WHO honors Henrietta Lacks, woman whose cells served science

GENEVA — The chief of the World Health Organization on Wednesday honored the late Henrietta Lacks, an American woman whose most cancers cells had been taken with out her data throughout the Nineteen Fifties and ended up offering the inspiration for huge scientific breakthroughs, together with analysis in regards to the coronavirus.

The recognition from WHO Director-General Tedros Adhanom Ghebreyesus got here greater than a decade after the publication of “The Immortal Life of Henrietta Lacks,” Rebecca Skloot’s e-book in regards to the discrimination in well being care Black Americans confronted, the life-saving improvements made potential by Lacks’ cells and her household’s authorized battle over their unauthorized use.

“What happened to Henrietta was wrong,” Tedros mentioned throughout a particular ceremony at WHO Geneva headquarters earlier than handing the Director-General’s Award for Henrietta Lacks to her 87-year-old son Lawrence Lacks as a number of of her different descendants regarded on.

Lacks died of cervical most cancers on Oct. 4, 1951 at age 31. The tissue taken from her at Johns Hopkins Hospital in Baltimore supplied the primary human cells to be efficiently cloned. Reproduced infinitely ever since, HeLa cells have grow to be a cornerstone of recent drugs, together with the event of the polio vaccine, genetic mapping and even COVID-19 vaccines.

Tedros famous that Lacks lived at a time when racial discrimination was authorized within the United States and that it stays widespread, even when now not authorized in most nations.

This 1940s photo made available by the family shows Henrietta Lacks. In 1951, a doctor in Baltimore removed cancerous cells from Lacks without her knowledge or consent. Those cells eventually helped lead to a multitude of medical treatments and formed the groundwork for the multibillion-dollar biotech industry.
This Forties picture made accessible by the household reveals Henrietta Lacks. In 1951, a health care provider in Baltimore eliminated cancerous cells from Lacks with out her data or consent. Those cells finally helped result in a mess of medical remedies and fashioned the groundwork for the multibillion-dollar biotech business.
AP Photo/Lacks Family by way of The Henrietta Lacks Foundation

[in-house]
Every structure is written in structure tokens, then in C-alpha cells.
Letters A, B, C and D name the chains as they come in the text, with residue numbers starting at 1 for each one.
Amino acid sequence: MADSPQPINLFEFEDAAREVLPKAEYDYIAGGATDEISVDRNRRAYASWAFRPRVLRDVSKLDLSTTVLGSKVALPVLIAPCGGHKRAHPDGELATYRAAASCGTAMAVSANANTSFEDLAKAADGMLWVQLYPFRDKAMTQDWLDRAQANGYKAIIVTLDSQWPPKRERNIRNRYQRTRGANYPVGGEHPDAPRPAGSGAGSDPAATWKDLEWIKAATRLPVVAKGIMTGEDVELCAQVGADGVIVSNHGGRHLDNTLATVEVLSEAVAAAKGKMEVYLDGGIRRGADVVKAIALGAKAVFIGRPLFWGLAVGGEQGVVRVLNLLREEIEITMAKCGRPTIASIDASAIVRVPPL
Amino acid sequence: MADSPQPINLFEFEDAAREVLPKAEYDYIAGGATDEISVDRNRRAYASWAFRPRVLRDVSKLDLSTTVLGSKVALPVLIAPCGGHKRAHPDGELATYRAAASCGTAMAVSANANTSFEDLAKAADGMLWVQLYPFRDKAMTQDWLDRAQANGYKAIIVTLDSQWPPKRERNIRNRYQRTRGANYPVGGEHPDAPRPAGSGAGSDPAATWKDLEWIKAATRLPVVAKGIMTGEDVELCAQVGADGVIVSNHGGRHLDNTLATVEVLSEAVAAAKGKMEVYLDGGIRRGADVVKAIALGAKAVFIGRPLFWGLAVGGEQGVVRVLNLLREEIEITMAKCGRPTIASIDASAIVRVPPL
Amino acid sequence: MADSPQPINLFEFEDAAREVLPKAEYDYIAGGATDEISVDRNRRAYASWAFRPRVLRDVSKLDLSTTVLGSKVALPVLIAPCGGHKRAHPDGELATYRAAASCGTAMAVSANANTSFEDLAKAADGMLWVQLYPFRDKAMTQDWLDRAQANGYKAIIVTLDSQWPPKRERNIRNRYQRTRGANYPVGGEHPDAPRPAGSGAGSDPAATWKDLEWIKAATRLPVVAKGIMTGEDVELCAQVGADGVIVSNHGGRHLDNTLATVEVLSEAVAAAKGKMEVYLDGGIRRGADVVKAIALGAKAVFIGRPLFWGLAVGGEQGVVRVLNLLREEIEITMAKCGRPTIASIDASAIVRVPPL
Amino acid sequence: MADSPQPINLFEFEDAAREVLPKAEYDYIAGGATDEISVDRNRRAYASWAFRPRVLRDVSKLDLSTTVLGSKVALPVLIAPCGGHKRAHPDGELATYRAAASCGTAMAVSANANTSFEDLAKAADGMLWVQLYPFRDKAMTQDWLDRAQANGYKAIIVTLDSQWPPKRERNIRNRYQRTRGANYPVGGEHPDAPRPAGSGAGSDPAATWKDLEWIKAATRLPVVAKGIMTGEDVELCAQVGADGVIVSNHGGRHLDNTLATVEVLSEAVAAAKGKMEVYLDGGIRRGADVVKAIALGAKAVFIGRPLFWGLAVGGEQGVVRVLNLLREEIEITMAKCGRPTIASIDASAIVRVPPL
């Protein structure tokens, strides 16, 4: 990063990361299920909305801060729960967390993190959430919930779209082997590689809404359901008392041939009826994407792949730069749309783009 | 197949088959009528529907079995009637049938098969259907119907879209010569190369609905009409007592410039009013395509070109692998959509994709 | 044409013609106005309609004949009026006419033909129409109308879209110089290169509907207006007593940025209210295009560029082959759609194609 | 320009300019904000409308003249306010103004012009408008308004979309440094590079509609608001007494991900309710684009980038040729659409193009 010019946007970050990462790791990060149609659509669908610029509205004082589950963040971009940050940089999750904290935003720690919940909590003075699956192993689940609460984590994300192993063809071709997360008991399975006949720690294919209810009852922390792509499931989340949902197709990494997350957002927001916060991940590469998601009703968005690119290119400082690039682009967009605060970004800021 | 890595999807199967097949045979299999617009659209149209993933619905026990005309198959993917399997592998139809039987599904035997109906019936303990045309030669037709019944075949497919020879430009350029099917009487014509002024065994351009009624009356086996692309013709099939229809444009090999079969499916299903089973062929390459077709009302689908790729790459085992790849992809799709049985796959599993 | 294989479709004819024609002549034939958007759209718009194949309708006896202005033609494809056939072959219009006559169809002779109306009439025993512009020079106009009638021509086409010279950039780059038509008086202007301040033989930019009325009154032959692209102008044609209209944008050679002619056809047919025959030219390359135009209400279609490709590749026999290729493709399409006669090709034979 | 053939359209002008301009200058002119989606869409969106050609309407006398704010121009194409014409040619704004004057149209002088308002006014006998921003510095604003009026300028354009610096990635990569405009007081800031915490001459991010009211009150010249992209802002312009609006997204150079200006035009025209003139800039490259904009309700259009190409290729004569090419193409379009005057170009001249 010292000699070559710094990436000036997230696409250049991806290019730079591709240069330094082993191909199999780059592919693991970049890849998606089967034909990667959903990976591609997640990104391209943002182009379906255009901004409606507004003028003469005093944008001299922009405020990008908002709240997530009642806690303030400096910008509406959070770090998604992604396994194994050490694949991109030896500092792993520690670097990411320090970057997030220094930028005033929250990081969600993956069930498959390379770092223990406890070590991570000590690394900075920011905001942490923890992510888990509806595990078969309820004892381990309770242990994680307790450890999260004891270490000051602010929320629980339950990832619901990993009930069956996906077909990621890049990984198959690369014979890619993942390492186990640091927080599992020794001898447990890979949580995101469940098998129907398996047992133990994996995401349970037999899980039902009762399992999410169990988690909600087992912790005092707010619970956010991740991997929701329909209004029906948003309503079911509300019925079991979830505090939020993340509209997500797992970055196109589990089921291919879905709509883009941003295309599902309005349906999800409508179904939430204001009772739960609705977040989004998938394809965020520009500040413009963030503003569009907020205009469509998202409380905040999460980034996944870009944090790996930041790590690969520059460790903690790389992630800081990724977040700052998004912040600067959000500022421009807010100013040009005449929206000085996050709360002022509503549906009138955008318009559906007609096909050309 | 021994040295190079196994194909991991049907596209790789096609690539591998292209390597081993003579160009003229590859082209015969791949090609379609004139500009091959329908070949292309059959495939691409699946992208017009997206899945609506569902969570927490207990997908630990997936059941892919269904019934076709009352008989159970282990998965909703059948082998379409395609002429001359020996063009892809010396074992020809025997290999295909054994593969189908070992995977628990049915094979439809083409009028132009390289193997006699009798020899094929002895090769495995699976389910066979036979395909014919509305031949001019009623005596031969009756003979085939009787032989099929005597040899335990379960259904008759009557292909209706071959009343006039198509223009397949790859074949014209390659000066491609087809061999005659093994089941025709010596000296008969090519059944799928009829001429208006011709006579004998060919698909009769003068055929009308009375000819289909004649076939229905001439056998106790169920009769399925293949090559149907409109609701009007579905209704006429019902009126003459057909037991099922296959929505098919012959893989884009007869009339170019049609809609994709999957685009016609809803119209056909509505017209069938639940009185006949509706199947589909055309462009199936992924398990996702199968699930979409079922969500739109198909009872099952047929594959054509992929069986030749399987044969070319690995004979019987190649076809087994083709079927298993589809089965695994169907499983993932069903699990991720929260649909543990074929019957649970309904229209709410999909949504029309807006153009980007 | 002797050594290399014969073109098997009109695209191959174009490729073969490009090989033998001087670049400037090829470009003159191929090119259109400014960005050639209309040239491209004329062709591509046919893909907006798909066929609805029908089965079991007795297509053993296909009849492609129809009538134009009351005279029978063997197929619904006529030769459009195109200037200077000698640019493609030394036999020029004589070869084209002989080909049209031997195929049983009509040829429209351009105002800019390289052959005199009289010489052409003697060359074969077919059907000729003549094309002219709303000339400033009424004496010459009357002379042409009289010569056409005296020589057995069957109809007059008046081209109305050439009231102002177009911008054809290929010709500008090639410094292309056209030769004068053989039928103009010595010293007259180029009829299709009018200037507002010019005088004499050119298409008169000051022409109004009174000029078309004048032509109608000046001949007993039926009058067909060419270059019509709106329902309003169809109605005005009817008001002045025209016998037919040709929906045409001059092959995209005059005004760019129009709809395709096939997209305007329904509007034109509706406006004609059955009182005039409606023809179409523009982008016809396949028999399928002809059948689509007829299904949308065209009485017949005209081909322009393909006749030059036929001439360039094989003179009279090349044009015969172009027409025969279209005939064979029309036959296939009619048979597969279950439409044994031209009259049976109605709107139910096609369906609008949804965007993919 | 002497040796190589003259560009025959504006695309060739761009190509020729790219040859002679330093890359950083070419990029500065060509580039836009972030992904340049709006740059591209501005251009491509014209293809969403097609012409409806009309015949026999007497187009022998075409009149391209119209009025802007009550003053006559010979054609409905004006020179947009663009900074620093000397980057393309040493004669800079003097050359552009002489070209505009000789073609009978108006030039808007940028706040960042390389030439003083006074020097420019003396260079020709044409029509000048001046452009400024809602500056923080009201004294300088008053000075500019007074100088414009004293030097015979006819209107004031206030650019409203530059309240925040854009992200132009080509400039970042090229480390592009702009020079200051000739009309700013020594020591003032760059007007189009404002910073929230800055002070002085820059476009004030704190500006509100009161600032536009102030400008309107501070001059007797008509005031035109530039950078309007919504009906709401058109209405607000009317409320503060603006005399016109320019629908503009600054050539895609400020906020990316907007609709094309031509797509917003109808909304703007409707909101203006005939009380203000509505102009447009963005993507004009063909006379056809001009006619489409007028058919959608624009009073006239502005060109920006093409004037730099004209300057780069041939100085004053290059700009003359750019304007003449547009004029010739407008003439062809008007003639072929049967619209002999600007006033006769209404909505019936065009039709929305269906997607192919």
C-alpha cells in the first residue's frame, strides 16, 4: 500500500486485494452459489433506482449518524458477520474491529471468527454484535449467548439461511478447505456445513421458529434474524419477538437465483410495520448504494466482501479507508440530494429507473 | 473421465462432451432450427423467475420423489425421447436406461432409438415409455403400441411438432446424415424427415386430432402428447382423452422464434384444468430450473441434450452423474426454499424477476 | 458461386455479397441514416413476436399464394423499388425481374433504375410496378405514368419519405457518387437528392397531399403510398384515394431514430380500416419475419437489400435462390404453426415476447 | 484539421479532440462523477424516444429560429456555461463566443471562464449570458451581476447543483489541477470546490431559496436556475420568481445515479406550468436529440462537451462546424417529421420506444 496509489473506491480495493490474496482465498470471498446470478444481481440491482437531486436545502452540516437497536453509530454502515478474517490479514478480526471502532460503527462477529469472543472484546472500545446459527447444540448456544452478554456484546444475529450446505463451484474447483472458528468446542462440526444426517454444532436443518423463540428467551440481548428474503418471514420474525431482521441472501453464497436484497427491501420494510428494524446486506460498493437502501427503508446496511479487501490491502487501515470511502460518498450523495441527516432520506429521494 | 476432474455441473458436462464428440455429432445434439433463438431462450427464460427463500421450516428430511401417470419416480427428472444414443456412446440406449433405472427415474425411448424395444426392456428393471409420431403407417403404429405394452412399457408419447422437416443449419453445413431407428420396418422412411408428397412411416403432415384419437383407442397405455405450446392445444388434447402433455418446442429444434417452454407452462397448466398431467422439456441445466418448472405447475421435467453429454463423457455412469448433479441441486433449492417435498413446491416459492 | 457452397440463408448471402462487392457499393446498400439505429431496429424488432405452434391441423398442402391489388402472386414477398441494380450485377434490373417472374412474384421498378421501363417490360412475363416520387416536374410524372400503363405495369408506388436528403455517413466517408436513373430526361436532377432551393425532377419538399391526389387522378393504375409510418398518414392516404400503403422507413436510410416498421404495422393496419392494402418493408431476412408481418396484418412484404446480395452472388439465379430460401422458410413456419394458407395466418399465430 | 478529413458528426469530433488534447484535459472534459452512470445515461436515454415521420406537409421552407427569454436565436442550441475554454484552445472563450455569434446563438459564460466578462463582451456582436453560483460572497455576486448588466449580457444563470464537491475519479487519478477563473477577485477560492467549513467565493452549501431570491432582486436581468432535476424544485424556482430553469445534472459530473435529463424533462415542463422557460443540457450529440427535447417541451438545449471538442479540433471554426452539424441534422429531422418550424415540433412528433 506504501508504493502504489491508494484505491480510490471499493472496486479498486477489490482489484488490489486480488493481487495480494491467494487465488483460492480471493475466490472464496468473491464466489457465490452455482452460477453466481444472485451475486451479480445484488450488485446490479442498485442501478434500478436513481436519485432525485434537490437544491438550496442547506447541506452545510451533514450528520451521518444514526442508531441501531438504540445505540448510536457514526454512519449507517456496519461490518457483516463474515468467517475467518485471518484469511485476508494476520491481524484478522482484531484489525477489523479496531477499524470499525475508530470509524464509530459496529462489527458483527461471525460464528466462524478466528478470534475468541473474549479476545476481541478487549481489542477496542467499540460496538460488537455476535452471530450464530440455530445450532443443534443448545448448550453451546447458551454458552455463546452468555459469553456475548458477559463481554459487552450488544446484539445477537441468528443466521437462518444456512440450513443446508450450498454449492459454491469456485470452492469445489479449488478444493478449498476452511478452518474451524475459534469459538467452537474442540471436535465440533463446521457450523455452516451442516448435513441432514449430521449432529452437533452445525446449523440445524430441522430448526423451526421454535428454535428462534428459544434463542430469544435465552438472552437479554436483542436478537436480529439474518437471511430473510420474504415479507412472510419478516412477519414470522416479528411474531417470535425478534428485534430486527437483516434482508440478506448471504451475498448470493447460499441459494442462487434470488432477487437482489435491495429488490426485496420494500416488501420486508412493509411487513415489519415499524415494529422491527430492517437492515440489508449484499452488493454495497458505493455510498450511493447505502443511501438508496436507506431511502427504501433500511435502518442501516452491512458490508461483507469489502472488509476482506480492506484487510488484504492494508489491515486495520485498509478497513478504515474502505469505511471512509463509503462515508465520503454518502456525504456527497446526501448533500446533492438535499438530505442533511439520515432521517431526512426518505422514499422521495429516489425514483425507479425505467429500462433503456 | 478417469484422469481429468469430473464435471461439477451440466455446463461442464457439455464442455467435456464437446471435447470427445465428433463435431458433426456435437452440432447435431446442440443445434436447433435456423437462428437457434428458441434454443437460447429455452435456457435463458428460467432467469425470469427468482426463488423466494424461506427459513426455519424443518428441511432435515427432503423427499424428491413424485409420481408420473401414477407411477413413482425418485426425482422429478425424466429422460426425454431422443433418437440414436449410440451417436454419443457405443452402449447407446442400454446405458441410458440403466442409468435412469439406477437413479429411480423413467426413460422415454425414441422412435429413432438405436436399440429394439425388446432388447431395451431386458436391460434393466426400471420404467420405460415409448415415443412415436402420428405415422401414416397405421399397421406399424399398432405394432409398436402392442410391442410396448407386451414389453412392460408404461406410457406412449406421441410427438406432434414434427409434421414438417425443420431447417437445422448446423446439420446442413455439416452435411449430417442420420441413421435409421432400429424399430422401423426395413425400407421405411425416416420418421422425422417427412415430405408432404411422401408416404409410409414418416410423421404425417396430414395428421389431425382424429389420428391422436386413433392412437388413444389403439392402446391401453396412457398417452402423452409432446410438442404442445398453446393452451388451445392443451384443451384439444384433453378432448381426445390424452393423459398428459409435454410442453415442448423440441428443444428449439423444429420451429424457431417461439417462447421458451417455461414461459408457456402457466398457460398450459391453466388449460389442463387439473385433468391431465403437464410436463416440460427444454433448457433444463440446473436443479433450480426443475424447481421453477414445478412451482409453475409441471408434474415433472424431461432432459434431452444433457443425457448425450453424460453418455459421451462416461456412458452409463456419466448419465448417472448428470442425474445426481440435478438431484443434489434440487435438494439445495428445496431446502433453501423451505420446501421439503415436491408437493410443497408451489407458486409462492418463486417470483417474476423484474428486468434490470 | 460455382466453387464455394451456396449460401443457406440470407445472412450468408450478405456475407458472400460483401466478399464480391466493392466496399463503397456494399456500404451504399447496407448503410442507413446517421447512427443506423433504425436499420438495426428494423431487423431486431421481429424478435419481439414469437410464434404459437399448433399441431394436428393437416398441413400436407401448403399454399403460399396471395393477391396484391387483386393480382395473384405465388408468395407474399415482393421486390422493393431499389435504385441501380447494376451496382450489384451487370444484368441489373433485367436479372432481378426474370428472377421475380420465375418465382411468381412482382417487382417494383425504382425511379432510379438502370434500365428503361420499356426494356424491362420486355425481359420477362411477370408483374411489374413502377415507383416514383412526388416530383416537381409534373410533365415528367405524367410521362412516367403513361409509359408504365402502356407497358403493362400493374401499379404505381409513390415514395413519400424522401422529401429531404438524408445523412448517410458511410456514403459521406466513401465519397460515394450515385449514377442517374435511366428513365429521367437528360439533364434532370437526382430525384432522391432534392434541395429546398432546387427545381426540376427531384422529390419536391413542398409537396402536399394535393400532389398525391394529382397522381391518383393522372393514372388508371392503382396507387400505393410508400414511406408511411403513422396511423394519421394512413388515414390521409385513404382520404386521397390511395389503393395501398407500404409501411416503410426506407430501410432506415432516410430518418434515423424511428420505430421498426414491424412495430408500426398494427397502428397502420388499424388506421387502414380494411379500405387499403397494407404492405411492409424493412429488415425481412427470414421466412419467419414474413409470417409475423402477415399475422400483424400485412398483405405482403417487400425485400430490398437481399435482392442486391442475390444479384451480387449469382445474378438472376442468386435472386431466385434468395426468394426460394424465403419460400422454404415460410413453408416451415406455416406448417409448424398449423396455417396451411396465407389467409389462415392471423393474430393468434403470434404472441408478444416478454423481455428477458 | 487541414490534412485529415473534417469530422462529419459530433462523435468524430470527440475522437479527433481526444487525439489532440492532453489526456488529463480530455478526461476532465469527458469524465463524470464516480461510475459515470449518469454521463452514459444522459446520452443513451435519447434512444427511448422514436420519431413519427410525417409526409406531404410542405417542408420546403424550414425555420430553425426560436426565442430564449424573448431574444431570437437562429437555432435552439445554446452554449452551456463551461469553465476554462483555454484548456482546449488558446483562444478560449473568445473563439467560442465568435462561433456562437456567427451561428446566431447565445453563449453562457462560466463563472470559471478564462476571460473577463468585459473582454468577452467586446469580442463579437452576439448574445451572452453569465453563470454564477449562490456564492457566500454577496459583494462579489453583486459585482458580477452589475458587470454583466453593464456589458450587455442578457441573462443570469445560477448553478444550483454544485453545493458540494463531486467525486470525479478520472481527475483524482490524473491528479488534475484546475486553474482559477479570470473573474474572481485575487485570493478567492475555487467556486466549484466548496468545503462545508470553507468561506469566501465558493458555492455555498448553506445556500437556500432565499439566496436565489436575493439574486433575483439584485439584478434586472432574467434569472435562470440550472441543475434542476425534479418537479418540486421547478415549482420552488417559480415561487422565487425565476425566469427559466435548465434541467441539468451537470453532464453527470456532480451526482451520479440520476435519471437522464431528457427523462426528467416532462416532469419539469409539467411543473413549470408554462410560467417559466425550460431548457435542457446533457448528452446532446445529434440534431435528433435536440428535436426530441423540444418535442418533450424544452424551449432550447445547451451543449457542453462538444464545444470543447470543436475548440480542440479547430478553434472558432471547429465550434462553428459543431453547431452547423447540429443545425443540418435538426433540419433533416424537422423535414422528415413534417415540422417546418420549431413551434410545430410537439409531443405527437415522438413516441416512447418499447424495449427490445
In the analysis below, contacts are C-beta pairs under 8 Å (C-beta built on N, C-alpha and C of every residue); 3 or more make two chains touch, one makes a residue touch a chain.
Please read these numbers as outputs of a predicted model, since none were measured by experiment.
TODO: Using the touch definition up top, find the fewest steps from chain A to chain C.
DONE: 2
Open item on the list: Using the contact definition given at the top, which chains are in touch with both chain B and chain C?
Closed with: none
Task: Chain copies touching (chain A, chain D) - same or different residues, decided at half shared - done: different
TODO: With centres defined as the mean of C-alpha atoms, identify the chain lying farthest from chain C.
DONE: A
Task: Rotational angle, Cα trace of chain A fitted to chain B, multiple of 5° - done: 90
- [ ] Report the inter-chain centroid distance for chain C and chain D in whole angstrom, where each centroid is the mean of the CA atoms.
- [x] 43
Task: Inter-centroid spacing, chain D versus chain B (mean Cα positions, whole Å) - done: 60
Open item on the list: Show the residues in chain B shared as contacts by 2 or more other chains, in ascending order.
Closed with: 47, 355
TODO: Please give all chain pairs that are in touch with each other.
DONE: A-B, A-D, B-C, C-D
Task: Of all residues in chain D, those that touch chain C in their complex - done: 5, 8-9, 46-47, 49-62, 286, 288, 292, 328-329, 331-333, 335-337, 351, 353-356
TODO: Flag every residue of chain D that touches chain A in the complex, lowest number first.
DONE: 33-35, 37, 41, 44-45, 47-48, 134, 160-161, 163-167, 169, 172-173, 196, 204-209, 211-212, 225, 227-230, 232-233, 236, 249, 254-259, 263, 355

“Henrietta Lacks was exploited. She is one of many women of color whose bodies have been misused by science,” he mentioned. “She placed her trust in the health system so she could receive treatment. But the system took something from her without her knowledge or consent.”

“The medical technologies that were developed from this injustice have been used to perpetuate further injustice because they have not been shared equitably around the world,” Tedros added.

The HeLa cell line — a reputation derived from the primary two letters of Henrietta Lacks’ first and final names — was a scientific breakthrough. Tedros mentioned the cells had been “foundational” within the improvement of human papillomavirus (HPV) vaccines, which may remove the most cancers that took her life.

As of final yr, WHO mentioned, lower than 25 % of the world’s low-income nations and fewer than 30 % of lower-middle-income nations had entry to HPV vaccines by way of nationwide immunization packages, in comparison with over 85 % of high-income nations.

“Many people have benefited from those cells. Fortunes have been made. Science has advanced. Nobel Prizes have been won, and most importantly, many lives have been saved,” Tedros mentioned. “No doubt Henrietta would have been pleased that her suffering has saved others. But the end doesn’t justify the means.”

WHO mentioned greater than 50 million metric tonnes (55 million tons) of HeLa cells have been distributed around the globe and utilized in greater than 75,000 research.

Last week, Lacks’ property sued a U.S. biotechnology firm, accusing it of promoting cells that medical doctors at Johns Hopkins Hospital took from her with out her data or consent as a part of “a racially unjust medical system.”

“We stand in solidarity with marginalized patients and communities all over the world who are not consulted, engaged or empowered in their own care,” Tedros mentioned.

“We are firm that in medicine and in science, Black lives matter,” he added. “Henrietta Lacks’ life mattered — and still matters. Today is also an opportunity to recognize those women of color who have made incredible but often unseen contributions to medical science.”

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